How Save The Children Is Coping After Attack That Killed 4 Staffers In Afghanistan
On Wednesday, an attack on a office in eastern Afghanistan left four employees dead and four more injured.
Afghanistan's Tolo news service, said a suicide bomber in a car detonated outside of the Jalalabad office yesterday morning. Then gunmen reportedly entered the building.
Carlos Carrazana, executive vice president of Save the Children, says 47 staff, all Afghan nationals, spent about eight hours locked inside a safe room — a reinforced space supplied with water, food and communications to talk to the outside world. "I could only imagine that it was terrifying because it took a long time before Afghan armed forces could completely clear the situation," says Carrazana.
The assailants were killed. The ISIS media wing Amaq claimed responsibility but, according to Save the Children, the Afghan government is still investigating to see who was behind the attack.
The casualties from Save the Children's staff are a program coordinator, an education officer and a guard who had worked with the organization for about 16 years. On Thursday, the group learned that there was a fourth victim — a man in his 20s who had just starting to volunteer with the aid group. "He had recently graduated from university," says Carrazana. He adds that several of the men "were the breadwinners of their family."
Save the Children has temporarily suspended most operations across the country in the 16 provinces where it works — a decision that will affect the 1.4 million children that it says it serves yearly. The programs that will continue during this suspension focus on providing critical health care services, food and education.
"We're very conscious that every minute that we are not providing our work, it is affecting children's lives and their whole families. That's why we're committed to figuring this out as soon as possible."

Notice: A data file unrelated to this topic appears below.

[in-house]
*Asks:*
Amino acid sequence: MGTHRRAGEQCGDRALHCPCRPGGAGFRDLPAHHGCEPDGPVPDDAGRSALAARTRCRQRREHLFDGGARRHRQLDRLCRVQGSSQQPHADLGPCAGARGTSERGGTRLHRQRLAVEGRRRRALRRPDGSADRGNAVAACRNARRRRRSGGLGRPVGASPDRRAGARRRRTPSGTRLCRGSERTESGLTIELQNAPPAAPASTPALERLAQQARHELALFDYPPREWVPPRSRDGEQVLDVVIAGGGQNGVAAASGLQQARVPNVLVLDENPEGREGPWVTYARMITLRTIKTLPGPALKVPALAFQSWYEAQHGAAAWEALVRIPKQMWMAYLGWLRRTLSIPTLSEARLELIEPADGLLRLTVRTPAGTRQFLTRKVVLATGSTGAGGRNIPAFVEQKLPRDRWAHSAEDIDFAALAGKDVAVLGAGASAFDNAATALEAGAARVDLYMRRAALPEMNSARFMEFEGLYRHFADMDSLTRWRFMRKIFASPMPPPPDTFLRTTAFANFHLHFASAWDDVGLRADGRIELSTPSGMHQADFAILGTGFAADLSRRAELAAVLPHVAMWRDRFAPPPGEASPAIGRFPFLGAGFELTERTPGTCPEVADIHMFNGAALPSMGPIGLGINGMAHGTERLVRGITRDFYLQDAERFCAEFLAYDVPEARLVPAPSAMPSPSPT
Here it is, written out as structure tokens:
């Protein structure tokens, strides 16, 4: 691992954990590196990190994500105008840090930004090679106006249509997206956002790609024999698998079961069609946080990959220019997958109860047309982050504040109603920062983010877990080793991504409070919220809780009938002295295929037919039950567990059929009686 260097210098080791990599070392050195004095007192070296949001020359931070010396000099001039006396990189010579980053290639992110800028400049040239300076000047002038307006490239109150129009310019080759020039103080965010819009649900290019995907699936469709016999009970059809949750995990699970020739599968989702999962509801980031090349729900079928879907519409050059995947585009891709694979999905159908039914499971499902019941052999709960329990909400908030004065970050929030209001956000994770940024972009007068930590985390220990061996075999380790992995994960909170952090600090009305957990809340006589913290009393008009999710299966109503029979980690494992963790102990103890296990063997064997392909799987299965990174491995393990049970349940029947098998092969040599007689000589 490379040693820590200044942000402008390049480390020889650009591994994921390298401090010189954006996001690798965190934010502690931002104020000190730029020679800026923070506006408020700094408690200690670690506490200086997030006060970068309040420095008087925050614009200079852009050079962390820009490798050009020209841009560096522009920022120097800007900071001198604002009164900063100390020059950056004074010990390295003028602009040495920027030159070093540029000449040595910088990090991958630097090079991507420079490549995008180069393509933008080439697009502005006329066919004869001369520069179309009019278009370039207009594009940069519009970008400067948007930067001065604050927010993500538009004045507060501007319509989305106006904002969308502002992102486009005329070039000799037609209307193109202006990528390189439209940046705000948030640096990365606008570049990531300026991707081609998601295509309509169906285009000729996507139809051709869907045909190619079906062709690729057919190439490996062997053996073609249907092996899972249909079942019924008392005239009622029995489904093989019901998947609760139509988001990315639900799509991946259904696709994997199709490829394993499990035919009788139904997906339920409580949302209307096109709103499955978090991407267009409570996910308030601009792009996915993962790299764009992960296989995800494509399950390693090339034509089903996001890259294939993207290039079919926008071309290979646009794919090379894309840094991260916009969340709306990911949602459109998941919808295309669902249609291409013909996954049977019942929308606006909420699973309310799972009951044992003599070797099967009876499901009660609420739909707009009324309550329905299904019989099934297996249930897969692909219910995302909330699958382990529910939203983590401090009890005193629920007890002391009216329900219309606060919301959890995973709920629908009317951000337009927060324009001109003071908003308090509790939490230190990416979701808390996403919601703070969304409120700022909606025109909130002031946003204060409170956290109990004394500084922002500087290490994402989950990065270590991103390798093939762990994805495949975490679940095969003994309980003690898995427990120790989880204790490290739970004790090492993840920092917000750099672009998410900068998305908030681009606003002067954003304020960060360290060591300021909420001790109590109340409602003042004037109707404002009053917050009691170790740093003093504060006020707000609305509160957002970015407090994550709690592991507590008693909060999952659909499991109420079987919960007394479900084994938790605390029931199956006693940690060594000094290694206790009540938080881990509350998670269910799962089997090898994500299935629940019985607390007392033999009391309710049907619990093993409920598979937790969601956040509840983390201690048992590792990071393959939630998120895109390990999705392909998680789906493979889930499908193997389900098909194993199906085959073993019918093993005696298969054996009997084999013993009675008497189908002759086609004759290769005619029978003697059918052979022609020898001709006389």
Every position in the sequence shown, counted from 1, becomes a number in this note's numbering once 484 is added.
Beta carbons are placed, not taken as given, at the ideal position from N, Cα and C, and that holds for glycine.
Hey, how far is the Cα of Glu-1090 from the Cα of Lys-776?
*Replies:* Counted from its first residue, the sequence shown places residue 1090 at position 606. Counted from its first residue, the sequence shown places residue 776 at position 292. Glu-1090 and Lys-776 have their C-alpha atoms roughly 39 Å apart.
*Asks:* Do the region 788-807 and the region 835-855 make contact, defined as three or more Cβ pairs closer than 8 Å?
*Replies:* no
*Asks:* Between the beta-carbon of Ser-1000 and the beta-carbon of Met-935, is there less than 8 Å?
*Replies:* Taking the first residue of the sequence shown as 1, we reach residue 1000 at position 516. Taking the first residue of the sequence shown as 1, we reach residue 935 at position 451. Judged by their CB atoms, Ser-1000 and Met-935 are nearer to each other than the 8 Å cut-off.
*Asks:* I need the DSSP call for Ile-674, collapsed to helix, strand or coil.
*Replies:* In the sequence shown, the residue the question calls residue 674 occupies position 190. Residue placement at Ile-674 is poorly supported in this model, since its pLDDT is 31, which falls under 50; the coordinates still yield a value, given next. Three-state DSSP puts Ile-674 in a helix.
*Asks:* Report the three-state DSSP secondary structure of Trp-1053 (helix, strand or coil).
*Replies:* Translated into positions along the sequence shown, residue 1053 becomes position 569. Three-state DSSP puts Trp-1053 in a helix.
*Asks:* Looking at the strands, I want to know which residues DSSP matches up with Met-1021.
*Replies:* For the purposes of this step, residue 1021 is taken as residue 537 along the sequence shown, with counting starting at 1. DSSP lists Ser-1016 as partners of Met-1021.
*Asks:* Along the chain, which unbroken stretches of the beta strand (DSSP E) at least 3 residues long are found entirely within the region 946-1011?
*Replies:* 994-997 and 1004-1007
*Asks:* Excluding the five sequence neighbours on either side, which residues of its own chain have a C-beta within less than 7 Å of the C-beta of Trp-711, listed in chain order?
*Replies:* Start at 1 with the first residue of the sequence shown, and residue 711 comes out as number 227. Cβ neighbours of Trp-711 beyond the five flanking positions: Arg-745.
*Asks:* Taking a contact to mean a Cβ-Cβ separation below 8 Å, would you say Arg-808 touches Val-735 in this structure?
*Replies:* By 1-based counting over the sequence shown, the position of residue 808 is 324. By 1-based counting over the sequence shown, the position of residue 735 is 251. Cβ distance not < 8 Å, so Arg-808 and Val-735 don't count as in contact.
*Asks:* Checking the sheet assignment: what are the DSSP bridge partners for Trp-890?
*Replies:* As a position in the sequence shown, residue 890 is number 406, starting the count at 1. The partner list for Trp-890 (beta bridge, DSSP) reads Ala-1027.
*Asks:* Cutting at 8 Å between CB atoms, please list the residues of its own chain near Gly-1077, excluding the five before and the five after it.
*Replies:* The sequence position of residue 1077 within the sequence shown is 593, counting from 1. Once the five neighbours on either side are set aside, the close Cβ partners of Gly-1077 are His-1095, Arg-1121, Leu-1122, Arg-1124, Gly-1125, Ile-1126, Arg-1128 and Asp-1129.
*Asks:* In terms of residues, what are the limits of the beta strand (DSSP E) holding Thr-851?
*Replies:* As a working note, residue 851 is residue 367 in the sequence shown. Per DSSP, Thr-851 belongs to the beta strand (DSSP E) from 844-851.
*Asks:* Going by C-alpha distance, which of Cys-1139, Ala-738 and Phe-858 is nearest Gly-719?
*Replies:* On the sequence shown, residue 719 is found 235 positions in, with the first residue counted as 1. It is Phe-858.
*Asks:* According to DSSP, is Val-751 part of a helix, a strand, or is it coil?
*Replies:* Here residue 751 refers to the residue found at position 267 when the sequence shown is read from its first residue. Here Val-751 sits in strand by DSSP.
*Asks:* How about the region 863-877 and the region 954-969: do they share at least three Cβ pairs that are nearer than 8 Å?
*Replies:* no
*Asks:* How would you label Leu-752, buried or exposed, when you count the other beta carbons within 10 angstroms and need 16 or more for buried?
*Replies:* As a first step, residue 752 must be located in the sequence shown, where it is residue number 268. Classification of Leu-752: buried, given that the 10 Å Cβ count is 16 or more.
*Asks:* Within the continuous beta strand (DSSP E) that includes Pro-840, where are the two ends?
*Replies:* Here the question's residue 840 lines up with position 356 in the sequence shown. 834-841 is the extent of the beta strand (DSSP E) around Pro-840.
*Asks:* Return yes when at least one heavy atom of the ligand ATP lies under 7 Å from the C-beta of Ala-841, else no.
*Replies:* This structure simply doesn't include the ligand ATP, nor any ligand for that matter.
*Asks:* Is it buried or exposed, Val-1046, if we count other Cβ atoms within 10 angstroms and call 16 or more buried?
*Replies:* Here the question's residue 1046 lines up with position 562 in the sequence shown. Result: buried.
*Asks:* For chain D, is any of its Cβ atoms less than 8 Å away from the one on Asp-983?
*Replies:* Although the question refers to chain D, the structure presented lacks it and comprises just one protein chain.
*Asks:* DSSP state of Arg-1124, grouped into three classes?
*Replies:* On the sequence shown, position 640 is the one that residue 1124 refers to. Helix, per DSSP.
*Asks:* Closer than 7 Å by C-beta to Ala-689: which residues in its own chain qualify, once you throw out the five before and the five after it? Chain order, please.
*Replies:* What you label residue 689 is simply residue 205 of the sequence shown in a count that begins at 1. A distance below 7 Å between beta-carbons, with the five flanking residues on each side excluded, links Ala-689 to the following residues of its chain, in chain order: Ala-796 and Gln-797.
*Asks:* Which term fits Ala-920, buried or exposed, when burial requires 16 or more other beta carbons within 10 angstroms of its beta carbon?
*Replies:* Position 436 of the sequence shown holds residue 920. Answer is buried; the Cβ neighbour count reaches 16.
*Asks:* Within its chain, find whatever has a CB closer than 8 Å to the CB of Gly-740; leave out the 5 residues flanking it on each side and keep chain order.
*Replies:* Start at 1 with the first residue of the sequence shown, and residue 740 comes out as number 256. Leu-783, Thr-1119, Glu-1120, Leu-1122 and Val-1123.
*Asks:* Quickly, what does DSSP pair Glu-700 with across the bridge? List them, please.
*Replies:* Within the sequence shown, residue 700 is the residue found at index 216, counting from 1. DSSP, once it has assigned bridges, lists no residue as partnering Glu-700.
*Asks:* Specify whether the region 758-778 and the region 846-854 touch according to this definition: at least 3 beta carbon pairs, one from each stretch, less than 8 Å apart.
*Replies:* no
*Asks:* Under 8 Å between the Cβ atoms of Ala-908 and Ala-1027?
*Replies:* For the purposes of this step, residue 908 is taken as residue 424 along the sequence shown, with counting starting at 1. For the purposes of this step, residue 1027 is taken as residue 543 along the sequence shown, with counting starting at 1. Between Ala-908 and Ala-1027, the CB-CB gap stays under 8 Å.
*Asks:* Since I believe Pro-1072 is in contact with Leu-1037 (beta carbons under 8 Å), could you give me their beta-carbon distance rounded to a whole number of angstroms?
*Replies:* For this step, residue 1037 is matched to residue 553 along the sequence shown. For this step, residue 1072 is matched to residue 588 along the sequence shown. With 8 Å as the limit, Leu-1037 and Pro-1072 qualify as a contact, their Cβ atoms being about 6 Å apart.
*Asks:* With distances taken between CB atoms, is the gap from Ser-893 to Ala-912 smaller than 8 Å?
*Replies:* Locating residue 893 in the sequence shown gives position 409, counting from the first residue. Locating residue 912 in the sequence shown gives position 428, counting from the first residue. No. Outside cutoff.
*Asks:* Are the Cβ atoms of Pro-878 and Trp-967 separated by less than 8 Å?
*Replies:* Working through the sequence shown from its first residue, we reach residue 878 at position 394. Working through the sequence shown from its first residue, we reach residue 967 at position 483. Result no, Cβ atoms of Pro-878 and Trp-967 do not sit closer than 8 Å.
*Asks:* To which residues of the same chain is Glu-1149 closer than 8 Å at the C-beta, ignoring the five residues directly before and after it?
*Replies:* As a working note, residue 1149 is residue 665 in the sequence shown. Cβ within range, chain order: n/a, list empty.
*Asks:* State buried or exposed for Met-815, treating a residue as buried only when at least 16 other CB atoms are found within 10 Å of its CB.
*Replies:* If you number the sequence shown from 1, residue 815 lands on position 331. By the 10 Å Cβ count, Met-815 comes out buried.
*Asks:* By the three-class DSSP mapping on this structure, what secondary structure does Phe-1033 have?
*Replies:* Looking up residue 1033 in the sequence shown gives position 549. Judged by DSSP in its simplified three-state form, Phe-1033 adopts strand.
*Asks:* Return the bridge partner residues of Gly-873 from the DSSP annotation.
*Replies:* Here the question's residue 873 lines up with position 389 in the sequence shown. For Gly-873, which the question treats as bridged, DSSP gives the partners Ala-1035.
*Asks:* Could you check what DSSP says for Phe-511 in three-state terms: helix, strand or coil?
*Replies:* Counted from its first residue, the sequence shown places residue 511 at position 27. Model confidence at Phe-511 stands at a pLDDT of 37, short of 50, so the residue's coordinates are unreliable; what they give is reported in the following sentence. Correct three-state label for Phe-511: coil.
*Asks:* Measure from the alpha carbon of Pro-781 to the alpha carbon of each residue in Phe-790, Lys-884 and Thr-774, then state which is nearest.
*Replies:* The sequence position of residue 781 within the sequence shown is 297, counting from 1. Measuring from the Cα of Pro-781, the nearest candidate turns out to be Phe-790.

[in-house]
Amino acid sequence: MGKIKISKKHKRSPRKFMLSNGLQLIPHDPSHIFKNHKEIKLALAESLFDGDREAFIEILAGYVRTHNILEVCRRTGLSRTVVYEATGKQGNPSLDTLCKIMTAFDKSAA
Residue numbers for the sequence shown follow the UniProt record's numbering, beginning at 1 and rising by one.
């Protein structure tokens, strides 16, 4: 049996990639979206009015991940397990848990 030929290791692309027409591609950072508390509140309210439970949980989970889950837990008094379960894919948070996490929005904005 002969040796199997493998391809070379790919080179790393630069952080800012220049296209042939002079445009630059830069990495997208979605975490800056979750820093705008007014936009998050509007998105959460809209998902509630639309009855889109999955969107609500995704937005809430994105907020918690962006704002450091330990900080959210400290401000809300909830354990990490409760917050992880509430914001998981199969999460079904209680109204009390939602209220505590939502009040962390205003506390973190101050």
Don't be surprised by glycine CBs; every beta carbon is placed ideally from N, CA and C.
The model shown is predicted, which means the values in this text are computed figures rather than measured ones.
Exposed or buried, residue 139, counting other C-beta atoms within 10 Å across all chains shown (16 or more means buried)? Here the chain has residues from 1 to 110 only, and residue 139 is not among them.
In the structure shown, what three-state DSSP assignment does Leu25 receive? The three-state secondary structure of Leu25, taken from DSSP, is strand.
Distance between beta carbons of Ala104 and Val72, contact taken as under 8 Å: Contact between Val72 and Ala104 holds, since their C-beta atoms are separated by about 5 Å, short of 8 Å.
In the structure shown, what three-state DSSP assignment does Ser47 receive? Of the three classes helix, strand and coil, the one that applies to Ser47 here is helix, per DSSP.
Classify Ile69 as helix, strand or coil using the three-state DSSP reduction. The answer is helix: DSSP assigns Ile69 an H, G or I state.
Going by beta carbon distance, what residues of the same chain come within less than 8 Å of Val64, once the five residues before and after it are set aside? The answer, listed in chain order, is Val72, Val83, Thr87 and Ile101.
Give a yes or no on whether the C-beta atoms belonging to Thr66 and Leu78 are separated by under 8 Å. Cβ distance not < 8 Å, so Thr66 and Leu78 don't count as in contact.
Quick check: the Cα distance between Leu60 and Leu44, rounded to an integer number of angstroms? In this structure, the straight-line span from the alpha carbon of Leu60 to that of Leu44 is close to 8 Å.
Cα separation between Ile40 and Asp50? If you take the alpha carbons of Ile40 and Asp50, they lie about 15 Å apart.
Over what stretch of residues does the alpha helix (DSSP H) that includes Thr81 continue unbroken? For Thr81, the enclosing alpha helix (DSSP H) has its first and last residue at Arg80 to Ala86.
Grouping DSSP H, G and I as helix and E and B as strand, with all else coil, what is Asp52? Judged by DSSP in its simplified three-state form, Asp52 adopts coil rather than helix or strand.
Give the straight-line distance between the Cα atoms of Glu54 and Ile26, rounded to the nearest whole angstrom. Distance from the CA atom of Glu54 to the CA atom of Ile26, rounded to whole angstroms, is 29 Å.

He says teams will resume operations after a security assessment. "Our Afghan staff, they want to continue to work, they want to continue to help the children in the country." For now, staff are receiving psychosocial support and medical care as needed.
The brutality is just the latest episode in a series of violent assaults on aid workers in Afghanistan. Last year, the murder of a Spanish physiotherapist working with children in an orthopedic center prompted the Red Cross to scale back its operations in Afghanistan. The last time that Save the Children was targeted in Afghanistan was March 2015, when five staff members were abducted and killed in the south of the country.
Carrazana says that the organization has received thousands of emails, tweets, and phone calls of support from people in Afghanistan and around the world.
Sasha Ingber is a multimedia journalist who has covered science, culture and foreign affairs for such publications asNational Geographic, The Washington Post Magazine andSmithsonian. Contact her@SashaIngber
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